The term “free market” is used in the news on a frequent basis. After hearing Michael Hudson’s presentation on markets, I knew that I wanted to explore this subject. It might sound strange, but I almost feel disappointed that I did not find too many areas of disagreement. However, to give some form of push back and after reading through Smith’s (sometimes painfully) dense economic classic, it seems that the heart and soul of his focus was not on government regulation. Perhaps current political thinkers would jump at the chance to throw their hats behind Smith hearing that he was for regulation and against unrestricted capitalism, but it seems they will have to wait. From the writings of Adam Smith we can see that he was in favor of protecting human life and honoring the concept of community. His regard for the invisible hand is evidence of that and perhaps a sort of ideal that one could strive toward: trade and cooperation bringing people together, respect for one’s own community, and a path to economic prosperity with a sense of fairness.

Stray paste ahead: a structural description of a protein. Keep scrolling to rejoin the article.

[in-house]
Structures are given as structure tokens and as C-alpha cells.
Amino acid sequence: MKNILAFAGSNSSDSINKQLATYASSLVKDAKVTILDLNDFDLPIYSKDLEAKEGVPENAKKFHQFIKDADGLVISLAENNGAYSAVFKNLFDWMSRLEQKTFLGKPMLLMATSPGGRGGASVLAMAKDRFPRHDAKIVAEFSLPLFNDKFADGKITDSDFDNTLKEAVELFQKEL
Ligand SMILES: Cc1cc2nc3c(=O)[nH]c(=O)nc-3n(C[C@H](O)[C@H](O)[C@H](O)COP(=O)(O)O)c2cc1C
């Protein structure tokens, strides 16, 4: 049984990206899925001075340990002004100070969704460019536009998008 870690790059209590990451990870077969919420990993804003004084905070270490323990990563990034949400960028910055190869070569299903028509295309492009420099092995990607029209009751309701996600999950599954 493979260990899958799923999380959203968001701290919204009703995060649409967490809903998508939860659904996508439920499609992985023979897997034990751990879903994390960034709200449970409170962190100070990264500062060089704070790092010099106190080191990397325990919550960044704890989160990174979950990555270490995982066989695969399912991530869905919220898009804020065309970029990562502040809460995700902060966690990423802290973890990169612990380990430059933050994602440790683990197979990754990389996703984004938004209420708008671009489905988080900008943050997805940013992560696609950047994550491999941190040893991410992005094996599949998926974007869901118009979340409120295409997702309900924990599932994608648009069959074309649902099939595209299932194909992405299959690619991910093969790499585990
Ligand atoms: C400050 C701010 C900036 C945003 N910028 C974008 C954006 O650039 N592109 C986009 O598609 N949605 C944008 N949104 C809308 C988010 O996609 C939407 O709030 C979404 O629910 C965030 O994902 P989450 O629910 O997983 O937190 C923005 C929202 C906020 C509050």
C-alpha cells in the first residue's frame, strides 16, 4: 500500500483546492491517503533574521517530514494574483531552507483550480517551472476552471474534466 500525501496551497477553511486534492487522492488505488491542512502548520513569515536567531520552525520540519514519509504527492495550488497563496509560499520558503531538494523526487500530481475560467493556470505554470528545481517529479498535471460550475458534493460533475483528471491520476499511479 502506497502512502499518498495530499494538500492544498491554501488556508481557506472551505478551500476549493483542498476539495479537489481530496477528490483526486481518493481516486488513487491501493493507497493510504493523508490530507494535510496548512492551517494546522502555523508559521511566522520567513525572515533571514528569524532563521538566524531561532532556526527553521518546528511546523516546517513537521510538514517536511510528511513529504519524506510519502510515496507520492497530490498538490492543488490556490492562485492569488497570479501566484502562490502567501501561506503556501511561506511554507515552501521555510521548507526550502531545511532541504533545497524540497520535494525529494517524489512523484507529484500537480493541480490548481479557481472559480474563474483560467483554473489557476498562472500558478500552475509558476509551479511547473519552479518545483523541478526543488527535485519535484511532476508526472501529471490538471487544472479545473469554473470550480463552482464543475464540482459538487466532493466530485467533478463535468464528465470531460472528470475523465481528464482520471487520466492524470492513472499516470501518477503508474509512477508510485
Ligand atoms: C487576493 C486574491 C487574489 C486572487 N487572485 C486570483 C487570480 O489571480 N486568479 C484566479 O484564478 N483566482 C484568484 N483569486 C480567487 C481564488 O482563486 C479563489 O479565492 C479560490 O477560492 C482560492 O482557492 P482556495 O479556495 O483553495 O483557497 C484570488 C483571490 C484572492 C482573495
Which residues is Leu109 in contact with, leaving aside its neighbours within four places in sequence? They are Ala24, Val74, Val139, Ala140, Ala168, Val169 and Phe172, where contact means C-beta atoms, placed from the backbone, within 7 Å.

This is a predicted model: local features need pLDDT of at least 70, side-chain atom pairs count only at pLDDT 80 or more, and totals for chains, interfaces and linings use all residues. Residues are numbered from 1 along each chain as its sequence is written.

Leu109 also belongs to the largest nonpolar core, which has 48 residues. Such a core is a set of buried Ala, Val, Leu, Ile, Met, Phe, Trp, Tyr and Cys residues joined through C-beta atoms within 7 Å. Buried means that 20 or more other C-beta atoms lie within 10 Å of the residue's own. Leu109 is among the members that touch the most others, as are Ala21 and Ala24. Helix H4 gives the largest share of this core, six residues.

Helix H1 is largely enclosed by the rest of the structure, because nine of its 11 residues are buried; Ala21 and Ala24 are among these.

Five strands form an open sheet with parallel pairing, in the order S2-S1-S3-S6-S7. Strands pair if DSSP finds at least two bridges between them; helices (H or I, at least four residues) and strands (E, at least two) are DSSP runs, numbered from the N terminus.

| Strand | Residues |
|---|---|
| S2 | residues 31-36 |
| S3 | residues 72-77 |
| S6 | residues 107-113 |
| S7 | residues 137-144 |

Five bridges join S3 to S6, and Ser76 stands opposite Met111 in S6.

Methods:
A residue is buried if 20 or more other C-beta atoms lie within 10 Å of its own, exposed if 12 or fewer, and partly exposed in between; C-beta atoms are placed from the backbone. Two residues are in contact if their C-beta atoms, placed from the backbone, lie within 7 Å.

To respond to the statement that was asked at the beginning, it seems that it is partially correct. While it appears true that Adam Smith was opposed to monopolies blocking the possibilities of free trade, he was more concerned with economics benefiting as many people as possible, and that served as the heart of his issue. While in our present day and age a world where capitalism is conducted on a fair and moral basis with respect to humanity and the Earth might be difficult for many to imagine, but perhaps it is also fair to say that someone such as Adam Smith would not be deterred by challengers. In life one often has to strive toward the ideal. It may seem difficult or nearly impossible, but through the strides one learns along the journey.
Chomsky, Noam. (n.d.). “Noam Chomsky on Adam Smith.” New York.
Hudson, Michael. (2017). J is for Junk Economics: a Guide to Reality in an Age of Deception. Place of publication not identified: Islet.
Hudson, Michael. (n.d.). Left Forum 2018. Left Forum 2018. New York.
Smith, Adam. (1981). The Wealth of Nations. London: Dent.